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Image-guided virtual autopsy findings of gunshot victims performed with multi-slice computed tomography and magnetic resonance imaging and subsequent correlation between radiology and autopsy findings

Image-guided virtual autopsy findings of gunshot victims performed with multi-slice computed tomography and magnetic resonance imaging and subsequent correlation between radiology and autopsy findings

Forensic Science International 138(1-3): 8-16

Because the use of radiology in modern forensic medicine has been, until today, mostly restricted to conventional X-rays, which reduces a 3D body to a 2D projection, a detailed 3D documentation of a gunshot's wound ballistic effects was not possible. The aim of our study was to evaluate whether the progress in imaging techniques over the last years has made it possible to establish an observer-independent and reproducible forensic assessment using multi-slice computed tomography (MSCT) and magnetic resonance imaging (MRI) technologies for the documentation and analysis of gunshot wounds. The bodies of eight gunshot victims were scanned by MSCT and by MRI; the data of these imaging techniques were post-processed on a workstation, interpreted and subsequently correlated with the findings of classical autopsy. With the spiral CT and MRI examinations and the subsequent 2D multi-planar reformation (MPR) and 3D shaded surface display (SSD) reconstruction, the entire gunshot-created complex skull fractures and brain injuries (such as wound channels and deeply-driven bone splinters) could be documented in complete and graphic detail. CT and MRI also documented vital reaction to the gunshot by demonstrating air emboli in the heart and blood vessels and the classic pattern of blood aspiration to the lung. Gunshot residues deposited within and under the skin were visible. In conclusion, we think that the radiological methods of MSCT and MRI have the potential to become a routine "virtual autopsy" tool in the future. Bullets and relevant histological samples from specific sites then might be won in image-guided minimally invasive fashion via percutaneous biopsy. The rapid application of developing radiological methods may lead to new horizons in forensic documentation and intravital as well as postmortem examination.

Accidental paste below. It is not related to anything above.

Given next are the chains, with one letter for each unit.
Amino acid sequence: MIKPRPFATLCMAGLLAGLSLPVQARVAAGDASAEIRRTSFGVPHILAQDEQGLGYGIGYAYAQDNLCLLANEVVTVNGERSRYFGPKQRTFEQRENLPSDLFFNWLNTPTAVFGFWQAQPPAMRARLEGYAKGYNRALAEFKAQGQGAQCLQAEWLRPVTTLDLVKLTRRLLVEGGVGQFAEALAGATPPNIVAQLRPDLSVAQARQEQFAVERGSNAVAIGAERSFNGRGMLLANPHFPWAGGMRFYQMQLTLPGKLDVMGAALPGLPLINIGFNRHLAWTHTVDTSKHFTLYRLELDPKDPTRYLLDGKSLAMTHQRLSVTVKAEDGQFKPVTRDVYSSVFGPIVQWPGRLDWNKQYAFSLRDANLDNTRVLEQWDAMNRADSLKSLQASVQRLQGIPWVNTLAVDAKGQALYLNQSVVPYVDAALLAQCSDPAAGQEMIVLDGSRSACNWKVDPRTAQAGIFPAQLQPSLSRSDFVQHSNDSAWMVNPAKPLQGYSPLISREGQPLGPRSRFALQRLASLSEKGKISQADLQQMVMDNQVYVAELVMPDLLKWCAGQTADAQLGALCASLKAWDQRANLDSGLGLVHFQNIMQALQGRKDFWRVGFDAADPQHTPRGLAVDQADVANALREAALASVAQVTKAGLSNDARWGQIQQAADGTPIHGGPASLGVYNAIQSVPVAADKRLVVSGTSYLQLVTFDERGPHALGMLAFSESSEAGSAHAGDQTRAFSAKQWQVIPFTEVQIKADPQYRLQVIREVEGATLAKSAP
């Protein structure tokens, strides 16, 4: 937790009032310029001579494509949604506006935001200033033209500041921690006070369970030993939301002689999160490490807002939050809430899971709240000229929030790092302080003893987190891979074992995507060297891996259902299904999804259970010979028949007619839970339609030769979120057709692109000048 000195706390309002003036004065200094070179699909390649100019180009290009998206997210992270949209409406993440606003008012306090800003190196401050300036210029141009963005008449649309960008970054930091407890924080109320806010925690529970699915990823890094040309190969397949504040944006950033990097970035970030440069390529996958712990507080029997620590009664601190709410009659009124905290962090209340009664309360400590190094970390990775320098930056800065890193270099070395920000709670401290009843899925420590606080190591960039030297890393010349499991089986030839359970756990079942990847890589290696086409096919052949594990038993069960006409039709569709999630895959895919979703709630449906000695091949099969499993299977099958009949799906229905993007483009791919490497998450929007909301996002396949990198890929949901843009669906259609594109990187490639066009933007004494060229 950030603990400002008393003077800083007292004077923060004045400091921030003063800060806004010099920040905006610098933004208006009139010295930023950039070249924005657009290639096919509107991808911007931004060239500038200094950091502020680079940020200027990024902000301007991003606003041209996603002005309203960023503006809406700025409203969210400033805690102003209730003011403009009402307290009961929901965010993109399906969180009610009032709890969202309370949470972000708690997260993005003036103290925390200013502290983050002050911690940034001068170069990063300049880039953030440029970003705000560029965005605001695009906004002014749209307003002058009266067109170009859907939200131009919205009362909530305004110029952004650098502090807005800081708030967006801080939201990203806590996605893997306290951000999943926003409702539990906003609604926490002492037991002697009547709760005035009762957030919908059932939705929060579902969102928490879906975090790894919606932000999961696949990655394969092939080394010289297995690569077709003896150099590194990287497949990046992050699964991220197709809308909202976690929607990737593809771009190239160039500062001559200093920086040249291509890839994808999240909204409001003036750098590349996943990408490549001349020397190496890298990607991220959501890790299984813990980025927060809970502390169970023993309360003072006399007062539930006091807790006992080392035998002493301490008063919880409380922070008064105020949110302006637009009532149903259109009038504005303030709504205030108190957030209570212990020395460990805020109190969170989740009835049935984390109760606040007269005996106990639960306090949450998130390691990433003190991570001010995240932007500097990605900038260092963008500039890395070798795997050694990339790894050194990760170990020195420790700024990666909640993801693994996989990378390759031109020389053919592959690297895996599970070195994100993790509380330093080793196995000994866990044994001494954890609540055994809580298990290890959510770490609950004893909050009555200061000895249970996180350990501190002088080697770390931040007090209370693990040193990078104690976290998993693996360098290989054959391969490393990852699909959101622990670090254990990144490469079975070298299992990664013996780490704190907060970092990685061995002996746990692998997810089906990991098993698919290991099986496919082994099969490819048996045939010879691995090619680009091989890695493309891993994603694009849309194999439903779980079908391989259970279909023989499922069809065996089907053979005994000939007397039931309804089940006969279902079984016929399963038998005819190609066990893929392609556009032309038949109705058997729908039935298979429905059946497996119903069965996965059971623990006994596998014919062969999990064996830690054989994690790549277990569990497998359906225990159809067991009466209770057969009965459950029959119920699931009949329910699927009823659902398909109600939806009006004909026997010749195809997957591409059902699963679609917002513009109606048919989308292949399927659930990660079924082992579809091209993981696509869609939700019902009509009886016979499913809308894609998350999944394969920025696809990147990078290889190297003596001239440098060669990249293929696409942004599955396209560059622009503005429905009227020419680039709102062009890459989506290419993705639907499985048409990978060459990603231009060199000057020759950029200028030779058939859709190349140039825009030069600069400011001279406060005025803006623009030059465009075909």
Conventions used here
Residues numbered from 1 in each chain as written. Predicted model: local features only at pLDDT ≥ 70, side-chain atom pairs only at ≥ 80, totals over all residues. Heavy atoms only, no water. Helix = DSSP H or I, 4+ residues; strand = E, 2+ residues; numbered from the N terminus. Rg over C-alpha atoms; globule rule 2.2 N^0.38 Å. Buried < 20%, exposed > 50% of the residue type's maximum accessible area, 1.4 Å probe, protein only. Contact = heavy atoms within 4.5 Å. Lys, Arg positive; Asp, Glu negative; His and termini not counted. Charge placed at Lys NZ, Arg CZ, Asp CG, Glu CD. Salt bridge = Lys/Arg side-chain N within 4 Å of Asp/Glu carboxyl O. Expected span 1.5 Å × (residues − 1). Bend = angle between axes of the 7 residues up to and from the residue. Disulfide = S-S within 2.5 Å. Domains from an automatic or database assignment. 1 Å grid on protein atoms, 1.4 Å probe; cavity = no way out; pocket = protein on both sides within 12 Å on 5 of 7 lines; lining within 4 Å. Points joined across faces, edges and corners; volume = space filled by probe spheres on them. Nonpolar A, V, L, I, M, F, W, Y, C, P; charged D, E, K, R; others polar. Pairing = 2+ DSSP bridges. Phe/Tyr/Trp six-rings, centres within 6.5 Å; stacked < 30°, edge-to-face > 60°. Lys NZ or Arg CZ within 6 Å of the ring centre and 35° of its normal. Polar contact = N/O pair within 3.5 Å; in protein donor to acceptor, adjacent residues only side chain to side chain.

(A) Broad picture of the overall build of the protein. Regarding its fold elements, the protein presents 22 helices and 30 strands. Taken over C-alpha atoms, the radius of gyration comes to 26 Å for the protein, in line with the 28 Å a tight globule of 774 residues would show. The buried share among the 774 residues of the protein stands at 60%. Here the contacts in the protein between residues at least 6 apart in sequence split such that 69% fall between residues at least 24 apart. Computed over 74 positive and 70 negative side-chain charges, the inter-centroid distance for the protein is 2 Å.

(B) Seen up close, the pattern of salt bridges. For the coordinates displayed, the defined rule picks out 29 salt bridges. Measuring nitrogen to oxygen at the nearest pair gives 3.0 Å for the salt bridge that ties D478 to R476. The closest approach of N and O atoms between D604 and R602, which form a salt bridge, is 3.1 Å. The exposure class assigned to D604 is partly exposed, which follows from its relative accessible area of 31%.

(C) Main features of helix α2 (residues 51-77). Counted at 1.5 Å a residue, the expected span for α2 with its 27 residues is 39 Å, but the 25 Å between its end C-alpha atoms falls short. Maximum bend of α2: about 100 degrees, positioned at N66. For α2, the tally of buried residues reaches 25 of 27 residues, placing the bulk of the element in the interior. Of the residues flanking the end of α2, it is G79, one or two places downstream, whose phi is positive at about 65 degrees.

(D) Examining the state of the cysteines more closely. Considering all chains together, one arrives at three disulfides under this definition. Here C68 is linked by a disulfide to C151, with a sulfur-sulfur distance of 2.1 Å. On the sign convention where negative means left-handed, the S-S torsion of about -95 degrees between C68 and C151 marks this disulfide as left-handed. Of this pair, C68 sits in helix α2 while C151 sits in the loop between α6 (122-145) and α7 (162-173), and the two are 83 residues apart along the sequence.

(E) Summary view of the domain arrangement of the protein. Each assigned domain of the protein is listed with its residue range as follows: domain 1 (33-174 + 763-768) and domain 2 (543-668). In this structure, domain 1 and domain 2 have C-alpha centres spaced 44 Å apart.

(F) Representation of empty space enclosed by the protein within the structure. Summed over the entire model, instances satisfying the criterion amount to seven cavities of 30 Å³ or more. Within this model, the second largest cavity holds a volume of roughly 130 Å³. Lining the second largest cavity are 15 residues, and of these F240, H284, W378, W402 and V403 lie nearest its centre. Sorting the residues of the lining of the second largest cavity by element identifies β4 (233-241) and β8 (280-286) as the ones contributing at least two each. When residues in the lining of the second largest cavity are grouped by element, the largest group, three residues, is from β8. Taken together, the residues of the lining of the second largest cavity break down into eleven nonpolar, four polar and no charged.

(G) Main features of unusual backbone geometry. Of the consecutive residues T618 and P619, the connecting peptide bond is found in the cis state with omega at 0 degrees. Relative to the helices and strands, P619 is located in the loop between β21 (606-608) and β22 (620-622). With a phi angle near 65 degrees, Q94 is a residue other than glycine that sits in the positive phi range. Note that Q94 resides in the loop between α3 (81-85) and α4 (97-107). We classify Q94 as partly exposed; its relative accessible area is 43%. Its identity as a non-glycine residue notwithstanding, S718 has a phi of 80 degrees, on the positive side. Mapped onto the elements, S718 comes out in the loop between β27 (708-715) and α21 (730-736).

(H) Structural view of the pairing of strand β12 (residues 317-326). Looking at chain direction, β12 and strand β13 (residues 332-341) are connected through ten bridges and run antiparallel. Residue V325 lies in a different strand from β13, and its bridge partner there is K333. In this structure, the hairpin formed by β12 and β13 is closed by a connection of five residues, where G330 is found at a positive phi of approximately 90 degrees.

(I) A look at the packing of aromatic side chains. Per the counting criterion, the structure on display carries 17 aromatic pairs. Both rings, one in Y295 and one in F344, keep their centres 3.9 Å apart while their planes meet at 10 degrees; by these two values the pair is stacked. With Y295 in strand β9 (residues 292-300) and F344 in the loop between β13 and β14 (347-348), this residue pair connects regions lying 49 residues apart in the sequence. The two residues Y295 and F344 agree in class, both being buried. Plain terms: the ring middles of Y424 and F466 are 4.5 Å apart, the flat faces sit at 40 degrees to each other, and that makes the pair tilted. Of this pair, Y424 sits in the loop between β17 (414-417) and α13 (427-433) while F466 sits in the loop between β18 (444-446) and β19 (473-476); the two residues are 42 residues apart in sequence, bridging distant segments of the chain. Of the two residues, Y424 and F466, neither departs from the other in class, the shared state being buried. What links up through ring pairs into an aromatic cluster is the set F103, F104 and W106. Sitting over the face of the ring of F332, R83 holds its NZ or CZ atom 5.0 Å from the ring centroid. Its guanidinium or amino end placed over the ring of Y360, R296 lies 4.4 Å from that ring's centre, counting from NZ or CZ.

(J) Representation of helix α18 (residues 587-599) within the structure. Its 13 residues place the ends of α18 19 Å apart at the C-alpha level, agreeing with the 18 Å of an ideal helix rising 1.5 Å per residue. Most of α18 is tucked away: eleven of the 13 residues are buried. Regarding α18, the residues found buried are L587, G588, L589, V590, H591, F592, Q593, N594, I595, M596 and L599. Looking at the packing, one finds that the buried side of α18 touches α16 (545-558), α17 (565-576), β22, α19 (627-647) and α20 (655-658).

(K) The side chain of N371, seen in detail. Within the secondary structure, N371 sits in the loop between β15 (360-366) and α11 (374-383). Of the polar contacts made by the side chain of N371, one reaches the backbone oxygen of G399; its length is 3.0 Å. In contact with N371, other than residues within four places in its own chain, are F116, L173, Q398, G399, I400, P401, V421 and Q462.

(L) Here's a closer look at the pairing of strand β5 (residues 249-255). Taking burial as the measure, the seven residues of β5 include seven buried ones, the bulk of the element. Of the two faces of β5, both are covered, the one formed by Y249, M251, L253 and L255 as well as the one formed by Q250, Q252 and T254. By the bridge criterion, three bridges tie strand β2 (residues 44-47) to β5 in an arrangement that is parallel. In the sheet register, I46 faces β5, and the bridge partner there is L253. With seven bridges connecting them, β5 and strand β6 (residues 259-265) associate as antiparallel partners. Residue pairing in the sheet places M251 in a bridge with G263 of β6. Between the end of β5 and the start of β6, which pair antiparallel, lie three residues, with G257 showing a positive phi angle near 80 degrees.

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Accession: 035081684

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PMID: 14642714

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